Creating Digital Artisan-Entrepreneurs by Infusing Catalytic Capital
Abhishek Gupta, Neetika Shree
India is home to diverse, exquisite craft traditions, passed down orally through generations. But the twin problems of access to market and affordable finance have plagued the entrepreneurial development of these artisans.
They are, thus, unable to rise up the value chain both in the domestic and export markets and are engaged in the form of a put-out systems-based work.
Lack of artisan-entrepreneurs in India
A cooperative federation of various artisans does not help derive better value; unlike mass produced goods like dairy products (where such a cooperative movement has been successful), artisan products are unique and cannot be compensated through a cooperative profit-sharing structure. Furthermore, common facility centres provided by the government require bureaucratic interventions which can be sub-optimum and do not offer market-based incentives.
Any catalytic intervention for enhancing the value chain prospects of the artisans has to be rooted in organic solutions emerging from the ground.
The focus has to be on identifying young artisans who can be groomed to become entrepreneurs and flourish as creative economy professionals leveraging digital technologies for promotion (social media), distribution (e-commerce) and financing working capital (Fintechs). Moreover, the support has to extend beyond the siloed approach of individual components like design intervention, inventory management and others, and move towards a more holistic process of entrepreneurship support.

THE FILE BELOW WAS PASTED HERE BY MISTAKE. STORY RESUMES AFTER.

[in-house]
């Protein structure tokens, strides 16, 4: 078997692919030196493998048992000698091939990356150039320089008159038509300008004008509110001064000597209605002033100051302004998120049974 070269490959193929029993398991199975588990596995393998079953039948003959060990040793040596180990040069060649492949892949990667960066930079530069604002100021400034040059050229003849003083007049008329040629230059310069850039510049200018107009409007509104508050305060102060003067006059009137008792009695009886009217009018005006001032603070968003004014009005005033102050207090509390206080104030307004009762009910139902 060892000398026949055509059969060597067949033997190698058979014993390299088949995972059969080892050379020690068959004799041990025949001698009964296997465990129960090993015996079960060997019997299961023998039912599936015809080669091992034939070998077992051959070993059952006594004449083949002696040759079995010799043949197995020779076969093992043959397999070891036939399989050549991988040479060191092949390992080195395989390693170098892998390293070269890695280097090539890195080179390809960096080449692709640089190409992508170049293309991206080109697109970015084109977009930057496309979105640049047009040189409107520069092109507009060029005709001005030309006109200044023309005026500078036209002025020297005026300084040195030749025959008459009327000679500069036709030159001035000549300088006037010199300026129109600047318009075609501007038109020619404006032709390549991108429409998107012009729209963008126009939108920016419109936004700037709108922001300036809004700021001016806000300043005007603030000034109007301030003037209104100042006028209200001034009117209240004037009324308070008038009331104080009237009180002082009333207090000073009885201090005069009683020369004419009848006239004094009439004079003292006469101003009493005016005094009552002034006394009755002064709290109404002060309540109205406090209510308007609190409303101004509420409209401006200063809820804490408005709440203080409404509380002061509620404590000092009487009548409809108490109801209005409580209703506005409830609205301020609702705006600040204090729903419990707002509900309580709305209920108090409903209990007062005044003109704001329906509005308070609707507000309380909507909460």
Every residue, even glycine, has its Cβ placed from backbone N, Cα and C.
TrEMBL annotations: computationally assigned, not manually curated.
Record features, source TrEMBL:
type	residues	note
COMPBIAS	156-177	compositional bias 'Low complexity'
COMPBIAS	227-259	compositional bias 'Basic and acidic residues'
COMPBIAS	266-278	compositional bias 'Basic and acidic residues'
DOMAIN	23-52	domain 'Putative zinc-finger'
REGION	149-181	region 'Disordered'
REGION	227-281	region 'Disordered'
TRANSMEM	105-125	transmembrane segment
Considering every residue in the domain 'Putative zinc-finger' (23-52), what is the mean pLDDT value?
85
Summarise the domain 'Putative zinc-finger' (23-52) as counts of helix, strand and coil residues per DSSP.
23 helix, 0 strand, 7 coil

Novel mechanisms like blended finance and catalytic capital allow for market-based solutions that can generate evidence and create a virtuous cycle.
Digital readiness gap currently faced by artisan-entrepreneurs
Ambitious artisan-entrepreneurs who are creatively empowered are unable to attract the right investors owing to the limited size and scale of their enterprise in addition to a massive awareness gap. Among other things, lack of digital skills greatly impedes access to markets for undertaking bulk production.